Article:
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Posted: November 16, 2009
Ten technologies that made news in 2009 and warrant watching in 2010
(Nanowerk News) A first-of-its kind inhalable measles vaccine for developing countries, where the disease remains a scourge. A "nanogenerator" that could recharge iPods and other electronic devices with a shake. And for Fido and Fluffy, a long-awaited once-a-month pill for both ticks and fleas.
It's list season, the time to prepare inventories of what stood out in 2009 and holds promise for the year ahead. Those three advances are among more than 250 research advances publicized in 2009 by the American Chemical Society (ACS) Office of Public Affairs. With 154,000 members, ACS is the world's largest scientific society. The advances were selected from among 34,000 scientific reports published during 2009 in ACS's 34 peer-reviewed journals, and 18,000 technical papers presented at ACS's two National Meetings. Here is a sampler:
Scientists are reporting development of the first dry powder inhalable vaccine for measles. The vaccine is moving toward clinical trials next year in India, where the disease still sickens millions of infants and children and kills almost 200,000 annually, according to a report presented at the 238th ACS National Meeting. Robert Sievers, Ph.D., who leads the team that developed the dry-powder vaccine, said it's a perfect fit for use in back-roads areas of developing countries. Those areas often lack the electricity for refrigeration, clean water and sterile needles needed to administer traditional liquid vaccines.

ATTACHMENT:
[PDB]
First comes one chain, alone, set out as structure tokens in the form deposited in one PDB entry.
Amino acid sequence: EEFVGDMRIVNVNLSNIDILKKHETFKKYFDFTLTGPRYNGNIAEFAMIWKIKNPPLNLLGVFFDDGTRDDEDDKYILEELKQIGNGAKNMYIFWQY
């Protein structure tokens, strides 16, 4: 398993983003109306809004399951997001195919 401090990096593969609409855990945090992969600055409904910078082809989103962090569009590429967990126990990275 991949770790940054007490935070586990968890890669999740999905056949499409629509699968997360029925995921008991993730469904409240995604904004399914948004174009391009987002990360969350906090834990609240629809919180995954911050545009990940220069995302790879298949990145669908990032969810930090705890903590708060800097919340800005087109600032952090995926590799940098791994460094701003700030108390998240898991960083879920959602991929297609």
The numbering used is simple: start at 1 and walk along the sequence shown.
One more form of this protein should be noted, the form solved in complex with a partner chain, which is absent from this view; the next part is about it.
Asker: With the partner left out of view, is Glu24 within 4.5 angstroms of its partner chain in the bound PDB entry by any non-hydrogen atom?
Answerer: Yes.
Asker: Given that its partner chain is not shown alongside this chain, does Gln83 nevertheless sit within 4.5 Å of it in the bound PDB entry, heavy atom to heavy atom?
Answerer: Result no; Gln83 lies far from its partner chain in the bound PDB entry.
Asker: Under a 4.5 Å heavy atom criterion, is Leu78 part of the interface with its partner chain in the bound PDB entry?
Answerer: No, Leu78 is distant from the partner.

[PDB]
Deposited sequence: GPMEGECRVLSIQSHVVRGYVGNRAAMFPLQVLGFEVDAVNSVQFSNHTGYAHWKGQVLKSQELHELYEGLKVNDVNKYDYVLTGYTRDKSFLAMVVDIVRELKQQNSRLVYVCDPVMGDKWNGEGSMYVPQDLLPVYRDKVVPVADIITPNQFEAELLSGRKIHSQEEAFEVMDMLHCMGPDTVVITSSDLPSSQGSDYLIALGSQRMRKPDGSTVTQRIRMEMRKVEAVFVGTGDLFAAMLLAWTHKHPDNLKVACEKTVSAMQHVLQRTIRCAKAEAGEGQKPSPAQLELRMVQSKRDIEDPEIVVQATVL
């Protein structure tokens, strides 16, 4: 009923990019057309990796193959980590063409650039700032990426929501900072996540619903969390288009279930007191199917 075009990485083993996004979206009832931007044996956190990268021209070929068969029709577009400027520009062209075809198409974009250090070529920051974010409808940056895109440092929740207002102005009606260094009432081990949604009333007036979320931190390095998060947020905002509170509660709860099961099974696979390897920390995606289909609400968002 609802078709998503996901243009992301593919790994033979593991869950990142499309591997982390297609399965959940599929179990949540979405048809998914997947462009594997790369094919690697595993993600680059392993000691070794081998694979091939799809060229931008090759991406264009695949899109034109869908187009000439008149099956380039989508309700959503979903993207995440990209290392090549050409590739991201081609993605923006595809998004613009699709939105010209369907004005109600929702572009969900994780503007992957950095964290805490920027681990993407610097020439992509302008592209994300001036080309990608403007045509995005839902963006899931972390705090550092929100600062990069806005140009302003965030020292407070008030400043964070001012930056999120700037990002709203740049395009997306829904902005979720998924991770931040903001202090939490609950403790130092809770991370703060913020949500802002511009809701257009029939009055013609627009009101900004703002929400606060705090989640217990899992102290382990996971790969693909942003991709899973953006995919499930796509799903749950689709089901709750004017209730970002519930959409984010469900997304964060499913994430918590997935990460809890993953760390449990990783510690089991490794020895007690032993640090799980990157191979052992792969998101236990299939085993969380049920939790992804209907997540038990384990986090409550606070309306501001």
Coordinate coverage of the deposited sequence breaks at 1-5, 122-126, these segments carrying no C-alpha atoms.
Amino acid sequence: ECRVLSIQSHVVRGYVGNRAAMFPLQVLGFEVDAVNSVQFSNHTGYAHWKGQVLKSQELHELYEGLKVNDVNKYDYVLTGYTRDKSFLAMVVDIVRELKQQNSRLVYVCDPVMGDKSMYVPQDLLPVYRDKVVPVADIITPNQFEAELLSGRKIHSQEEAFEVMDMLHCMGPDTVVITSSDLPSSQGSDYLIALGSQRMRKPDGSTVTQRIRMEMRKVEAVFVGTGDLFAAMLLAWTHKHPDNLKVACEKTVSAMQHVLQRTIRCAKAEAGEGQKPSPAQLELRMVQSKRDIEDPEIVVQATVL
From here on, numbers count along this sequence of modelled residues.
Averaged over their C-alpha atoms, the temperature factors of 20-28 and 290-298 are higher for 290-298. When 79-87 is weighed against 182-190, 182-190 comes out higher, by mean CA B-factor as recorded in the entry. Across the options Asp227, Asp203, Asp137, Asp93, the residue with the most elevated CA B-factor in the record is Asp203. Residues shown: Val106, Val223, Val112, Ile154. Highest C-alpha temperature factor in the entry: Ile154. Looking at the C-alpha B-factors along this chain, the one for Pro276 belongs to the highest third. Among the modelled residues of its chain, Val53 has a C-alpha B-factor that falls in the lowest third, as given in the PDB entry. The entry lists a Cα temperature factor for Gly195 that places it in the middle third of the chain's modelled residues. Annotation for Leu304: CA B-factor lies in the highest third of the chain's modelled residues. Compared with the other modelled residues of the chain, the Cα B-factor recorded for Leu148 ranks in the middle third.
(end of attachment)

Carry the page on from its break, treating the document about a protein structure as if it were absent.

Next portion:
New scientific discoveries are moving society toward the era of "personalized solar energy," in which the focus of electricity production shifts from huge central generating stations to individuals in their own homes and communities. That's the topic of a report by an international expert on solar energy published in ACS' Inorganic Chemistry, a bi-weekly journal. It describes a long-awaited, inexpensive method for solar energy storage that could help power homes and plug-in cars in the future while helping keep the environment clean.
Scientists in Arizona and New Jersey are reporting that aerogels, a super-lightweight solid sometimes